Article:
And interestingly, there are suggestions that the ISPs are not as on-board with Cameron and the Mothers' Union as early reports suggested. "We all want to make the internet as safe as possible, but we can't completely eliminate all risk - at least not without seriously affecting the vibrant and beneficial nature of the internet. The primary responsibility lies with the parents, who have a responsibility to supervise how their children use the internet."

I use the word 'interesting' because you would have had to be a blind child in a deep cave with a blindfold on and your hands cut off not to detect this one coming. No one at Sky, BT, et al. thought maybe this cooperation could be construed as colluding in censorship? Really? Cry. Me. A. River.

But after such an inevitable lock-step to this point, and with so little in the way of vocal criticism from the entire country's mainstream media, it's hard for me to get more than mildly exercised by what's happening to internet providers. This has been coming for a long time. I'm surprised at the people who are surprised. And with the state of the economy, it's equally unsurprising that the current government are trying to make porn and immigration stay above the fold. Bread and circuses, kids. Bread and circuses. Only wasn't there a time when these circuses used to be more entertaining?

And the options on offer really solve nothing. Me, I'll be dusting off my command line skills, as I fully expect trading dirty pics via Usenet to make a comeback any day now.

(I've also written about this issue over at the Grauniad)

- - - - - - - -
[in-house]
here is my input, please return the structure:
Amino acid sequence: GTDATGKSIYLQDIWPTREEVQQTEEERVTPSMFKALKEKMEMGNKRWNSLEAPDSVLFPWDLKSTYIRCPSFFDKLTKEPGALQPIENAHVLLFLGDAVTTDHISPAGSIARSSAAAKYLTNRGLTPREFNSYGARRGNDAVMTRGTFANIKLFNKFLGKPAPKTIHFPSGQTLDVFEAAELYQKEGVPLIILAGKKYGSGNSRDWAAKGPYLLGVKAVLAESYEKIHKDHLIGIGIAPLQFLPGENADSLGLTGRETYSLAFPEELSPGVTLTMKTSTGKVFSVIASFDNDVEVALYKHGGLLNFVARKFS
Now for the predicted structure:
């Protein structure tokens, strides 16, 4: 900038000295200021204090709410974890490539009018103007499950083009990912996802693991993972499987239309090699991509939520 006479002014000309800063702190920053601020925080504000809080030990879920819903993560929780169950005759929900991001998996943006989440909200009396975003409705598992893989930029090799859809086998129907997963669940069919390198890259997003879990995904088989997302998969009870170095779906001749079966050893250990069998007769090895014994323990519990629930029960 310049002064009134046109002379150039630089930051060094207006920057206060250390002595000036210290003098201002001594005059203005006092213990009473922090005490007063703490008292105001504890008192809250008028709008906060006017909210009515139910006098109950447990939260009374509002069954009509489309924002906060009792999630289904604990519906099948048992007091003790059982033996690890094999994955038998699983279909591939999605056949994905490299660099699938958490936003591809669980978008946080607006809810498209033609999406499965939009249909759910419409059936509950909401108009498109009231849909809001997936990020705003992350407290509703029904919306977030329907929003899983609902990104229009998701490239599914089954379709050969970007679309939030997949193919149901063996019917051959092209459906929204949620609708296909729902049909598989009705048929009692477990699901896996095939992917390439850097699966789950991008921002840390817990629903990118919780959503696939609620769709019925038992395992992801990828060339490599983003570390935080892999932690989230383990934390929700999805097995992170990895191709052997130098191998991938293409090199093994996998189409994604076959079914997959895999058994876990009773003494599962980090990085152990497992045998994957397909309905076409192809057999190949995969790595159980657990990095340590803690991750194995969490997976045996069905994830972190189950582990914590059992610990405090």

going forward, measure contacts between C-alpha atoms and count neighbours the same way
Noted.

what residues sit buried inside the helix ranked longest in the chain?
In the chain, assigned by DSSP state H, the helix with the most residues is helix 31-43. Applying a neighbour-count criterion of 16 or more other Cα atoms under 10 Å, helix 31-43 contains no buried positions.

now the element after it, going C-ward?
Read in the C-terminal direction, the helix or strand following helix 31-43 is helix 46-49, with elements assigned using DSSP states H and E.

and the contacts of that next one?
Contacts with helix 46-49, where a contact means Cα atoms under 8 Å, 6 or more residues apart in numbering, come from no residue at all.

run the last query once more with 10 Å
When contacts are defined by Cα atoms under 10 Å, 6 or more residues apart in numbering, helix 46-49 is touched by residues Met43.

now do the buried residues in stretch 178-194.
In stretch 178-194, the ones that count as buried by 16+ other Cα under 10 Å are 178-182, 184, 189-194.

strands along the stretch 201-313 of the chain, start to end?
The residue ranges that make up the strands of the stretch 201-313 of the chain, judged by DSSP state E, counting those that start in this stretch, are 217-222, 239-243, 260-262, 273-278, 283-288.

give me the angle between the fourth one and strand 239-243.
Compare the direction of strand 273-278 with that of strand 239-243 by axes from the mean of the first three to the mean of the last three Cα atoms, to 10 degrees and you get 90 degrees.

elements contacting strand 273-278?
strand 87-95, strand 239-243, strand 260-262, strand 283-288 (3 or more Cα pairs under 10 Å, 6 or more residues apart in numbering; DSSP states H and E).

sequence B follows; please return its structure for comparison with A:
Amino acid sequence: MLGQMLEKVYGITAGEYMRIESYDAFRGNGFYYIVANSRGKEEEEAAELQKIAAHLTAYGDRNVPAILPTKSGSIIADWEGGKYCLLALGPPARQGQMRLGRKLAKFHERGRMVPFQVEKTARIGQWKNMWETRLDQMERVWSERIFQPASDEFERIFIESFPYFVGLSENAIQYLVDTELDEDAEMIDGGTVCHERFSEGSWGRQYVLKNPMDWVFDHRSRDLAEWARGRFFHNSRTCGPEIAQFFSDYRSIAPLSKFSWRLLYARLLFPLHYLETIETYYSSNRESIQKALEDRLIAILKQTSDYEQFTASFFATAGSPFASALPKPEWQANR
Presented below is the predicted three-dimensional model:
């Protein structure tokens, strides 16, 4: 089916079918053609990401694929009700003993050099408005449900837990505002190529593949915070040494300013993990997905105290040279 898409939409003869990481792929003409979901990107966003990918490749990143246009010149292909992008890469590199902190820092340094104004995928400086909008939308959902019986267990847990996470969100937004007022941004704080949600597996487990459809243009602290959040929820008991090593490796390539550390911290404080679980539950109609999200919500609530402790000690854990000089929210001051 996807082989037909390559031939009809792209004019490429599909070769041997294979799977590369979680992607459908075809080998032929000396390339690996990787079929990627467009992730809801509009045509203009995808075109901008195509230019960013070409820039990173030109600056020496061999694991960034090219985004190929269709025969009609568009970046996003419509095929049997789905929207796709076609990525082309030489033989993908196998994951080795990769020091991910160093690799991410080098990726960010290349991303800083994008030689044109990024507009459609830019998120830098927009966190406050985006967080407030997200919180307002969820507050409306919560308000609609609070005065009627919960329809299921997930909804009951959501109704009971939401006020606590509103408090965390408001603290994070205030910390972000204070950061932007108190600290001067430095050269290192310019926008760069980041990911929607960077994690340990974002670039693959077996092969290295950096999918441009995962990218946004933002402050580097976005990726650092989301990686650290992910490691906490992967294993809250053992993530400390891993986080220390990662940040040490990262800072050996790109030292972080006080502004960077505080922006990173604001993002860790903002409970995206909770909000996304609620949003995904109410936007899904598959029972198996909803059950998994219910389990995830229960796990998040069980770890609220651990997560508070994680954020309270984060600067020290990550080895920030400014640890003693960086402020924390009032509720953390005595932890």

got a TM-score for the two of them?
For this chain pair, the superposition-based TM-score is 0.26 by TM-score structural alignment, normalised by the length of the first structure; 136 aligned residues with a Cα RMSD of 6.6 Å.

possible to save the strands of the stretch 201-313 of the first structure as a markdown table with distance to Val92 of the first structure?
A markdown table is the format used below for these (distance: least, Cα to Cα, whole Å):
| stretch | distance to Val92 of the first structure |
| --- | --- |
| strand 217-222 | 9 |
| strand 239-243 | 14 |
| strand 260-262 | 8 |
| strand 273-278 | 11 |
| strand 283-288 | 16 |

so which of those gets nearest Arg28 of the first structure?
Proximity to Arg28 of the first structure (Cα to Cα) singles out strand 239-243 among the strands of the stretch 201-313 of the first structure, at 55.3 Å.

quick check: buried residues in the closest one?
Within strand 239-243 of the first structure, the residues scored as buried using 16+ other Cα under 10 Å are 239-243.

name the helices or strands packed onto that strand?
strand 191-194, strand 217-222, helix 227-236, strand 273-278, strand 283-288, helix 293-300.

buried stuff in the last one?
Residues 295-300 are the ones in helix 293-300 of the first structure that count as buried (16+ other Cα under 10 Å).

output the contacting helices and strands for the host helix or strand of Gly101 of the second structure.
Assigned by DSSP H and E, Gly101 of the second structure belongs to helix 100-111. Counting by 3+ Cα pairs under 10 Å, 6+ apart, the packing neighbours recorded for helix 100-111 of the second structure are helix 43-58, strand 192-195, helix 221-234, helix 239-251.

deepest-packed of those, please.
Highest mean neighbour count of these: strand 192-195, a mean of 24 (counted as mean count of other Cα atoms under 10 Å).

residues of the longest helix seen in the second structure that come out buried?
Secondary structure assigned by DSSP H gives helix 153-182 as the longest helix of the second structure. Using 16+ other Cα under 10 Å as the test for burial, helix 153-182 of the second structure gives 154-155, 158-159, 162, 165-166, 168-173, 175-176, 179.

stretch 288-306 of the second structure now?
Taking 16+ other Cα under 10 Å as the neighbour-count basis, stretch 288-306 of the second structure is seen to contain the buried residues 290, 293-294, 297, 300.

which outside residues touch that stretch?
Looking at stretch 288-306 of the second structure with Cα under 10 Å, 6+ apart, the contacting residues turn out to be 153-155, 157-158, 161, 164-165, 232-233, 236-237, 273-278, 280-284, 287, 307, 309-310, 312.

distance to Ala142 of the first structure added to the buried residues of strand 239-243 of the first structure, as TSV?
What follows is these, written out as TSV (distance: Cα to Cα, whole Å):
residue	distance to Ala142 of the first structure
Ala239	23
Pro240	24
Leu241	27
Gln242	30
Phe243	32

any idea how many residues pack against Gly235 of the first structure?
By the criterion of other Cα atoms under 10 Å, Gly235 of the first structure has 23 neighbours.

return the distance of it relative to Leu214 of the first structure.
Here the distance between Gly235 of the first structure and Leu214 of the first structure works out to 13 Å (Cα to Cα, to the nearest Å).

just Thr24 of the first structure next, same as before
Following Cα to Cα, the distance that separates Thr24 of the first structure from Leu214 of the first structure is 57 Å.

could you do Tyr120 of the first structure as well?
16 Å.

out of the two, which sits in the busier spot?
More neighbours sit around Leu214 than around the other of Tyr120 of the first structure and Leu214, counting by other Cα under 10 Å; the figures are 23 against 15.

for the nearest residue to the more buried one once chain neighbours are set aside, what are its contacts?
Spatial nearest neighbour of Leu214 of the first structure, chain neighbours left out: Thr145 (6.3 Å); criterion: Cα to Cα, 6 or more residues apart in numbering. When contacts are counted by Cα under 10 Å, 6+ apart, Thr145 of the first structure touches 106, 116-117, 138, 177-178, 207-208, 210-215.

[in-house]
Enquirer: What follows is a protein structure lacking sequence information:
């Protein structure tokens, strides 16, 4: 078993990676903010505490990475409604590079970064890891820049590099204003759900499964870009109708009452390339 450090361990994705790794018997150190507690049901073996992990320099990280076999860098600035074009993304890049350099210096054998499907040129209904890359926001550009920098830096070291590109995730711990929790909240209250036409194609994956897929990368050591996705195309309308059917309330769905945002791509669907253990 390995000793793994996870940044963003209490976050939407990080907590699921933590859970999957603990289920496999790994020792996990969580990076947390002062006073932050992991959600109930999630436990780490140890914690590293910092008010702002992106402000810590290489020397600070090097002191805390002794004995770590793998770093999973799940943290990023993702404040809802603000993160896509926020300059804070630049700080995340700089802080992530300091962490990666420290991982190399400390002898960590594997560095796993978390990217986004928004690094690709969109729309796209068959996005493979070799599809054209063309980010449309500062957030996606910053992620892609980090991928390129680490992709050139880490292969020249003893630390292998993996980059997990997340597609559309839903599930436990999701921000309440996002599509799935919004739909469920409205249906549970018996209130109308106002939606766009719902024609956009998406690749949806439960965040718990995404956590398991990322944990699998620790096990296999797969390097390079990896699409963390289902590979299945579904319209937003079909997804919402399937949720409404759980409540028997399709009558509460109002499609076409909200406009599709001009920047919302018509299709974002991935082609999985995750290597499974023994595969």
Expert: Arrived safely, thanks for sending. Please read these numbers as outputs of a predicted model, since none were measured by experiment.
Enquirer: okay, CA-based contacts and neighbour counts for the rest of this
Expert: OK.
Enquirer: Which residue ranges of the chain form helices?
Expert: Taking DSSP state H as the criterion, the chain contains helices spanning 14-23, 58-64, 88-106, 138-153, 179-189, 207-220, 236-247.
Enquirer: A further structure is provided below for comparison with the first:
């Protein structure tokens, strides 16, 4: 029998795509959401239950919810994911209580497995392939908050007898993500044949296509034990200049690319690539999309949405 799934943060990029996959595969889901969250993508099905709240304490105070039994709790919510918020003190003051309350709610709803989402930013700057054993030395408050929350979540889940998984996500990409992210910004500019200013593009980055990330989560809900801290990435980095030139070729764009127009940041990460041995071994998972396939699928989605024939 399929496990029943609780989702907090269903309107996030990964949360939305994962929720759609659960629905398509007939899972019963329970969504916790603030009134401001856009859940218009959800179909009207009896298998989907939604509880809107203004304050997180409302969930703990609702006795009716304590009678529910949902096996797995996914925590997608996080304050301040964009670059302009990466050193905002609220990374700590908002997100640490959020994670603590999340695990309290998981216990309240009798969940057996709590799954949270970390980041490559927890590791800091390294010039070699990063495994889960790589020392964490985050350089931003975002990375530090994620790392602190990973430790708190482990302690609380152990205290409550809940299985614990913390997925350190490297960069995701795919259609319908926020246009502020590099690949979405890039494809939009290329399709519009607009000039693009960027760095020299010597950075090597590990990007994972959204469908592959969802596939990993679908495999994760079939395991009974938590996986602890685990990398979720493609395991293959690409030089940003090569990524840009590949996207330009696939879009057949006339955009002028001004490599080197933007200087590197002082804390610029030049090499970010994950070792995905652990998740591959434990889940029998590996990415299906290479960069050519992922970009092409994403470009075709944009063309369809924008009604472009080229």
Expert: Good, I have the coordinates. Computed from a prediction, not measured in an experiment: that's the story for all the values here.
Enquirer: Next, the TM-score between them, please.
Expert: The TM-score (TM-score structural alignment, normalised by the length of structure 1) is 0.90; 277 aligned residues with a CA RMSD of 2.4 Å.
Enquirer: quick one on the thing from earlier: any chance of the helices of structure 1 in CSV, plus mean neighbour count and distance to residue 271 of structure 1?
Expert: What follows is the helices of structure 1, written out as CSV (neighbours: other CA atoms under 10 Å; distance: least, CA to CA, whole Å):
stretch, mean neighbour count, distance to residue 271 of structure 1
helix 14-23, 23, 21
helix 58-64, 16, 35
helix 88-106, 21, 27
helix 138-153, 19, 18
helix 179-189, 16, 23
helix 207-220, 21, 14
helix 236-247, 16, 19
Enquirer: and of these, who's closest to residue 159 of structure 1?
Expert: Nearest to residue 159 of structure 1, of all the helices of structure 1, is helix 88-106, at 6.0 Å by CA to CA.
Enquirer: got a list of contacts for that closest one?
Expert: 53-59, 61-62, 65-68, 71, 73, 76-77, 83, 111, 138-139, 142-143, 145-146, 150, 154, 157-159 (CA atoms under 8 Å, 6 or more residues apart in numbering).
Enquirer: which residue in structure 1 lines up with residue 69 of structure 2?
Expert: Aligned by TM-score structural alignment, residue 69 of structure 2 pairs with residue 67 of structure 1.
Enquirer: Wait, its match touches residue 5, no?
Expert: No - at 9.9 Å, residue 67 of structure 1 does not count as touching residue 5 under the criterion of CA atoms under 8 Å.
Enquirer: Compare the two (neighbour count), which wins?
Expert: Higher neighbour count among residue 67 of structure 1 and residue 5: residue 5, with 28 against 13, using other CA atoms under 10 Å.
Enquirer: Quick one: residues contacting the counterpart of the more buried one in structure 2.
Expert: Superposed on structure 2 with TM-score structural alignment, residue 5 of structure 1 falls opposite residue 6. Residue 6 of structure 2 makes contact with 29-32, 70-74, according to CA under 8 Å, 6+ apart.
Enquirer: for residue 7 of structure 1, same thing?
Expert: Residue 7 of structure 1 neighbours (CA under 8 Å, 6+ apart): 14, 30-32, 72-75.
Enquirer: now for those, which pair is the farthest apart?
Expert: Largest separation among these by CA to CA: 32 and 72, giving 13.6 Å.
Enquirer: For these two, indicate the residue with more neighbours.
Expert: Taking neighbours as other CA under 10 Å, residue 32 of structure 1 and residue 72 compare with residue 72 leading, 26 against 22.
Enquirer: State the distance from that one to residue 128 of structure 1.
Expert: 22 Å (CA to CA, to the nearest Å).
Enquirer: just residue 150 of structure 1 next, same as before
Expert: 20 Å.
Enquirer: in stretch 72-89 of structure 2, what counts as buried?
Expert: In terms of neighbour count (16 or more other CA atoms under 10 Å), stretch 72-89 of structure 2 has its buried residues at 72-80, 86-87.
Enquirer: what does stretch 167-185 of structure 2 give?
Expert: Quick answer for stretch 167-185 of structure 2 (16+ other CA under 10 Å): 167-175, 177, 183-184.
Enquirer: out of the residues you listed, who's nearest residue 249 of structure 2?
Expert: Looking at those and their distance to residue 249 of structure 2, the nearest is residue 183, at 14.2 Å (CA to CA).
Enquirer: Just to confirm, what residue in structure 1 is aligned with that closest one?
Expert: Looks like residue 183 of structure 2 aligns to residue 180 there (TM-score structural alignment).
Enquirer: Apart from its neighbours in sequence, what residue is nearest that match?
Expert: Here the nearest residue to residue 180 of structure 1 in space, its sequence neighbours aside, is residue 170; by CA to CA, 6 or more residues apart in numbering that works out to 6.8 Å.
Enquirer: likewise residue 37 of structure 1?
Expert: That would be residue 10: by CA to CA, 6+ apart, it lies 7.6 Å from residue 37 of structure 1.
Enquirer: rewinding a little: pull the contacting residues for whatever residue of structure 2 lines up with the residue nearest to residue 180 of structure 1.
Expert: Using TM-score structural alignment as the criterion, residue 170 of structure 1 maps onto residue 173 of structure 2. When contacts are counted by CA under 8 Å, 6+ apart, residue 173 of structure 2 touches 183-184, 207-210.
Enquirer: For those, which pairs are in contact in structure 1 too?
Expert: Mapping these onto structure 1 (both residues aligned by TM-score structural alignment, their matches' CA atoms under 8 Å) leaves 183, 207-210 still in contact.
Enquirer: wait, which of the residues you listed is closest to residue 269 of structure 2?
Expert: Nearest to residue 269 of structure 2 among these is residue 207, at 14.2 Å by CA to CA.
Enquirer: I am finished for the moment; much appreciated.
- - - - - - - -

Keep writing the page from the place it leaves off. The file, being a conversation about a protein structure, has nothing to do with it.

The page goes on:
Monday, 3 October 2011

Something hoist something petard.

It is with some interest that I have been following media reports of the alleged conduct of Ashton Kutcher, a well-known campaigner against sex trafficking. As has been pointed out elsewhere, the "problem" his advocacy claims to address is certainly hugely overstated and possibly being manipulated by people who are at least as interested in money and credibility as they are in philanthropy.

Interestingly, on Quora, which Kutcher has called "the smartest place on the internet" (you know, because academic journals and research forums are where the dumb kids hang out), there was a question not long ago which asked, "Why is it so common to include voluntary prostitution in the category of sex trafficking?"

Kutcher stepped in, as did others, in defence of the idea that foreign-born women voluntarily choosing to enter sex work - such as, say, myself (and yes, one of them did mention me specifically) are trafficked. Also people being transported over state and international borders, or something.